Fla. energy bill becomes law, includes biofuel tax exemptions

By Erin Voegele | April 17, 2012

New energy legislation in the state of Florida became law April 14 despite Florida Gov. Rick Scott’s failure to sign the bill. The legislation, HB 7117, contains several measures aimed to encourage the development and expansion of the renewable energy sector within the state, including biofuels production and distribution. The bill also addresses policies and restrictions for growing certain strains of algae and cyanobacteria.

The bill specifically addresses biodiesel, ethanol and renewable fuel, which is defined as a fuel produced from biomass that is used to displace fossil transportation fuels. Under the legislation, a sales tax exemption is established for materials used in the distribution of B10-B100, E10-E100 and other renewables. According to a copy of the bill published by the state legislature, this includes fueling infrastructure, transportation and storage materials. A limit of $1 million per year on a statewide basis is set on the tax exemption. The state’s Department of Agriculture and Consumer Services is tasked with ensuring the $1 million cap is not surpassed. Bill language also specifies that approval of the tax exemptions will be made on a first-come, first-serve basis, and that only complete applications will be considered. The department is also directed to publish the amount of sales tax funds remaining on its website on a regular basis. The tax exemption is scheduled to expire on July 1, 2016.

The legislation also establishes an investment tax credit related to biofuels production. Under the bill, the credit can apply to up to 75 percent of all capital costs, operation and maintenance costs, and research and development costs that are incurred between July 1, 2012, and June 30, 2016. The credit cannot exceed $1 million per fiscal year for each taxpayer. A limit of $10 million is made per fiscal year for all tax payers. The credit can be claimed for activities related to the investment in production, storage and distribution of B10-B100, E10-E100 and other renewable fuel within the state. This includes costs related to construction, installation and equipment.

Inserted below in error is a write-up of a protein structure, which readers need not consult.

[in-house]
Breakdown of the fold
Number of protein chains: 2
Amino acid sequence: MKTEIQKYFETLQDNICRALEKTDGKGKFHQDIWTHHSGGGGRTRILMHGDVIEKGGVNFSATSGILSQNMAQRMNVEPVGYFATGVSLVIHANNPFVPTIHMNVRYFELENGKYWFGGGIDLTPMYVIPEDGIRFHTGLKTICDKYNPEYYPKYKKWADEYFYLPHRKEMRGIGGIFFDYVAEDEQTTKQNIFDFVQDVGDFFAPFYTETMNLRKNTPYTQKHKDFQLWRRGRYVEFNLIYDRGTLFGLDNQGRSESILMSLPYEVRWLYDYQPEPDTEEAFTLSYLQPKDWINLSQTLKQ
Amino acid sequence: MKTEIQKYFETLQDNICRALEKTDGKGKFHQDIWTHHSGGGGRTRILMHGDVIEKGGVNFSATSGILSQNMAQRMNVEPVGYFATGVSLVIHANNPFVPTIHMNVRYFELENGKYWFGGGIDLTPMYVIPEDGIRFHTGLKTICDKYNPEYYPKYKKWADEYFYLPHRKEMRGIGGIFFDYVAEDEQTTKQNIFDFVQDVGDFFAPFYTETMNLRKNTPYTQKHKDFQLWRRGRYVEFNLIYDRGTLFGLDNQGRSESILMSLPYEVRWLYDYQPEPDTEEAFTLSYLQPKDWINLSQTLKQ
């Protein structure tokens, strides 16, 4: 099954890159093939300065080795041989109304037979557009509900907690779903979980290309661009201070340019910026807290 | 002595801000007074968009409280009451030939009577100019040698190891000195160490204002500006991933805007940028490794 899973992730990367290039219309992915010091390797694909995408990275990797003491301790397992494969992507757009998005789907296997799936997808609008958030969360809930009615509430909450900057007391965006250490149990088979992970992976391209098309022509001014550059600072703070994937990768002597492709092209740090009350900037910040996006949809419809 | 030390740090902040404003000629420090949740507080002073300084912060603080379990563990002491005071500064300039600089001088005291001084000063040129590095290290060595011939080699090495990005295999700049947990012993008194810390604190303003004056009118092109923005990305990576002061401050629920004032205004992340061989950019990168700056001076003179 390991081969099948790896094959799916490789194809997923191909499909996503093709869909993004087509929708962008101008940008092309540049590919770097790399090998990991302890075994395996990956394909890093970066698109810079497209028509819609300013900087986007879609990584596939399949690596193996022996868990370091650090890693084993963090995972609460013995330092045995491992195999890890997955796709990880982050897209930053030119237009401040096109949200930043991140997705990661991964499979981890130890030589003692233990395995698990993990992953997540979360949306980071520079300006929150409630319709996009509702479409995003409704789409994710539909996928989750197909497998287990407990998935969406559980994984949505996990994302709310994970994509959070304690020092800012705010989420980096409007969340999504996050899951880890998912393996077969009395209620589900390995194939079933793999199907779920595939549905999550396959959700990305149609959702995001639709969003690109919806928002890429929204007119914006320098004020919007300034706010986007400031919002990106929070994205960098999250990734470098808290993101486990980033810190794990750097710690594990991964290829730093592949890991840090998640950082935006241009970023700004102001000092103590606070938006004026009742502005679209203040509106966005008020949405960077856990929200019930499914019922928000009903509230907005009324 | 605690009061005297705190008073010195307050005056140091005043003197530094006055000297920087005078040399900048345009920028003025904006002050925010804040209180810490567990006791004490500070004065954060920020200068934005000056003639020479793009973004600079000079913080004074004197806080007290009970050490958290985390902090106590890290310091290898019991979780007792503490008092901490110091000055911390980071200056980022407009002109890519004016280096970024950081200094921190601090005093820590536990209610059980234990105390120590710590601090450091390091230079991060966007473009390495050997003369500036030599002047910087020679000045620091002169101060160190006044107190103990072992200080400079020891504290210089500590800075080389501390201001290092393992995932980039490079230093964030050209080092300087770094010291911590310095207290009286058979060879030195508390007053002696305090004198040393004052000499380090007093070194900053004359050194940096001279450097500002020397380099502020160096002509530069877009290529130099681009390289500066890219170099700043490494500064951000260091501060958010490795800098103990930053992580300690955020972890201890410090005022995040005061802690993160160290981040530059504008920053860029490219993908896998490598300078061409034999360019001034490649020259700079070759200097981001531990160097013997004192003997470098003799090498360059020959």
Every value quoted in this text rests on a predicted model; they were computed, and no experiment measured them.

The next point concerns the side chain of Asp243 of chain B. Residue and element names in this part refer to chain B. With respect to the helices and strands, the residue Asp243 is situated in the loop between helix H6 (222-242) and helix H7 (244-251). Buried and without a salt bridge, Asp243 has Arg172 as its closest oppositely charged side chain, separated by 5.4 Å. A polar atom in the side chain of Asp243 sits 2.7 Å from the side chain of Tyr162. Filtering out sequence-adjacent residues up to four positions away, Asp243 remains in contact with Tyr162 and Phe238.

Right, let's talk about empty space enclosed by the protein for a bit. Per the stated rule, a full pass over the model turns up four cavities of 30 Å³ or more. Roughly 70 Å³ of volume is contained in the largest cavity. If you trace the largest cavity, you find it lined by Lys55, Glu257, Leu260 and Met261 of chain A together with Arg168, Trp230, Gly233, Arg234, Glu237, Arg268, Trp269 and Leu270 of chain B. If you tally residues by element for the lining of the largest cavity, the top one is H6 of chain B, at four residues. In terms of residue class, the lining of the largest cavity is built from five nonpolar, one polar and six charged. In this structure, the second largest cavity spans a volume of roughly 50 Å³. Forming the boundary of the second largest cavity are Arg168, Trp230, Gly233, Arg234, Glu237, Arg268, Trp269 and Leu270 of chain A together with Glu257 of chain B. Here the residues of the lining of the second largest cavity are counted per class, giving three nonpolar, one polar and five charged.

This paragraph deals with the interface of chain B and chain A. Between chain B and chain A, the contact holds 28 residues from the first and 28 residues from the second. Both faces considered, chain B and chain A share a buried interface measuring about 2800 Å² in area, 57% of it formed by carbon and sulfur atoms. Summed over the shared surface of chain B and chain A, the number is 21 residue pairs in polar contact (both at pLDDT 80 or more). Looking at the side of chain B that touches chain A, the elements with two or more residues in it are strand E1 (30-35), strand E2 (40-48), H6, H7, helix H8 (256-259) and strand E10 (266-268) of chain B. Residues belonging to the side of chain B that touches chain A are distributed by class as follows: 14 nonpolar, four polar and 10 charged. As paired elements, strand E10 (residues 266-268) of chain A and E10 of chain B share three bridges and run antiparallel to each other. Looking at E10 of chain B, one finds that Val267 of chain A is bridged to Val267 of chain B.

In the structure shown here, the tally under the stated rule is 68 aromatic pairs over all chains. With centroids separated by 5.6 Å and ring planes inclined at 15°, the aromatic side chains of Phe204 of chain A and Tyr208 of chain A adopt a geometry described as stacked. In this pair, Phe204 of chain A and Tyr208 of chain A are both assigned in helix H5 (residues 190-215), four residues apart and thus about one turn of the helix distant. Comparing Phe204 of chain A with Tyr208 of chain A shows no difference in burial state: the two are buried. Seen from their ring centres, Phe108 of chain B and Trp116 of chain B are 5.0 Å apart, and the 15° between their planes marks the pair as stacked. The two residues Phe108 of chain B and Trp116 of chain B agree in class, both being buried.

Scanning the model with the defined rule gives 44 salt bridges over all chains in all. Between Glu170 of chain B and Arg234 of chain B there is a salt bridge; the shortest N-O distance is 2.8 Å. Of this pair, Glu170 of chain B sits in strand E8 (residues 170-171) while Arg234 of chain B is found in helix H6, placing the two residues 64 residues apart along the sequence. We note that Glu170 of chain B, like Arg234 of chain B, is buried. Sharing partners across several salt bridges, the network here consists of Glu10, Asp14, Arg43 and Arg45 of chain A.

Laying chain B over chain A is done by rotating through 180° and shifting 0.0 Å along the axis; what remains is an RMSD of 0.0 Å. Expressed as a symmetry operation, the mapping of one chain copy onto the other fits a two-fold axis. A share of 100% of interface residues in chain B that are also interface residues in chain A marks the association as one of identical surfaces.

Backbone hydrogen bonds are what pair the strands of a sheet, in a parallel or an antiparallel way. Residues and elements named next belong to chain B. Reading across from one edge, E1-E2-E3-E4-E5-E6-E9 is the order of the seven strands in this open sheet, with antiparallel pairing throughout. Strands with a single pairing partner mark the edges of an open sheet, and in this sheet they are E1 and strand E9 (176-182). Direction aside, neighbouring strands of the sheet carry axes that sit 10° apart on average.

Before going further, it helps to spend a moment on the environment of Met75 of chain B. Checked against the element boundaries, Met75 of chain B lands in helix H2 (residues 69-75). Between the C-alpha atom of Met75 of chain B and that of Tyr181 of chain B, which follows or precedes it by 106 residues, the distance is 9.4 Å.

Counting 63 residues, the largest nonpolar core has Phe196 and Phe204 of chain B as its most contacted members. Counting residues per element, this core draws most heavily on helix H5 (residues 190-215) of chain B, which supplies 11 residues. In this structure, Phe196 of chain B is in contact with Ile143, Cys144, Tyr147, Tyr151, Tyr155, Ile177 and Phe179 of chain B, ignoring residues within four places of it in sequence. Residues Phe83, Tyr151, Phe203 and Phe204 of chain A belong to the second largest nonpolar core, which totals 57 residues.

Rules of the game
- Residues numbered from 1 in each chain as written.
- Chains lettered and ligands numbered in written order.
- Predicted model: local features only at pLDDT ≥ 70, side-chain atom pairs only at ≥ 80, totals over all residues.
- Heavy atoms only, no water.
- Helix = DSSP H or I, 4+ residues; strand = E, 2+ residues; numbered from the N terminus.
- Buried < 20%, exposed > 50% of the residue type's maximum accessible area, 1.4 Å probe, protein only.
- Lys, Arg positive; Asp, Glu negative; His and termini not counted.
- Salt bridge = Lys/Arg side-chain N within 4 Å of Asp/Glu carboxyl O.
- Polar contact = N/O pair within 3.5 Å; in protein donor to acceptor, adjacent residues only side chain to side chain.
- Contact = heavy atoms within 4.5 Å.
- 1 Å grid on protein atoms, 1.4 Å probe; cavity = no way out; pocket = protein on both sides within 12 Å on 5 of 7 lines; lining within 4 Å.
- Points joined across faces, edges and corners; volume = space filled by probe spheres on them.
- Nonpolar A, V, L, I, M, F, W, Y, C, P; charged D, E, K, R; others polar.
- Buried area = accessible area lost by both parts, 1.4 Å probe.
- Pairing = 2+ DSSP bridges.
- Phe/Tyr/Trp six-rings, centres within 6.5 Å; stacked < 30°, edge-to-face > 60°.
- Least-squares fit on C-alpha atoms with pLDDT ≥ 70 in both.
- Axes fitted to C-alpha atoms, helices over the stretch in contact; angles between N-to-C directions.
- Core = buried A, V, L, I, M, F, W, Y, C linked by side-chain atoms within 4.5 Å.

In addition, the legislation included provisions related to the cultivation of some algae species. Under the legislation, a personal may not cultivate a nonnative plant, algae, or blue-green algae—including genetically engineered plants, algae and blue-green algae—in plantings greater in size than two contiguous acres, except under a special permit. According to the text of the legislation, a permit is not required to cultivate plants that, based on experience or research data, do not pose the risk of becoming an invasive species. Plants commonly grown in the state for the purpose of human food, commercial feed, feedstock, or forage are not covered by the provision. Additional exemptions could be made to the permitting requirements based on consultations with the Institute of Food and Agricultural Sciences at the University of Florida.

The bill also directs the Florida Department of Agriculture and Consumer Services to conduct a comprehensive statewide forest inventory analysis and study in order to identify where available biomass sources are located, determine the availability of biomass resources, and ensure forest sustainability. The results of the study are to be presented to the state House of Representatives and governor by July 1, 2013.

In an letter issued to Florida Secretary of State Ken Detzner, Scott addressed his reasoning for electing to allow the legislation to become law under Article III of the Florida Constitution rather than signing it into law.

“While I support many of the provisions of CS/CS/HB 7117, I am concerned whether the taxpayers of Florida will receive a return on the targeted tax credits in the bill,” Scott said in the letter. “In deference to the support for those tax credits voiced by Florida Commissioner of Agriculture Adam Putnam and the Legislators who have worked on this legislation, CS/CS/HB 7117 will become law without my signature. I look forward to reviewing the analysis of returns to the taxpayers as a result of these tax credits. In considering this analysis, it is my goal to ensure that any investment on behalf of Florida taxpayers in renewable energy would afford them the kind of return they would expect of their tax dollars. Absent clear documentation that the proposed tax credits have produced a sufficient return or provided significant cost savings for the state’s taxpayers, I will request their repeal.”

A full copy of the bill can be downloaded from the Florida House of Representatives website.

 
 
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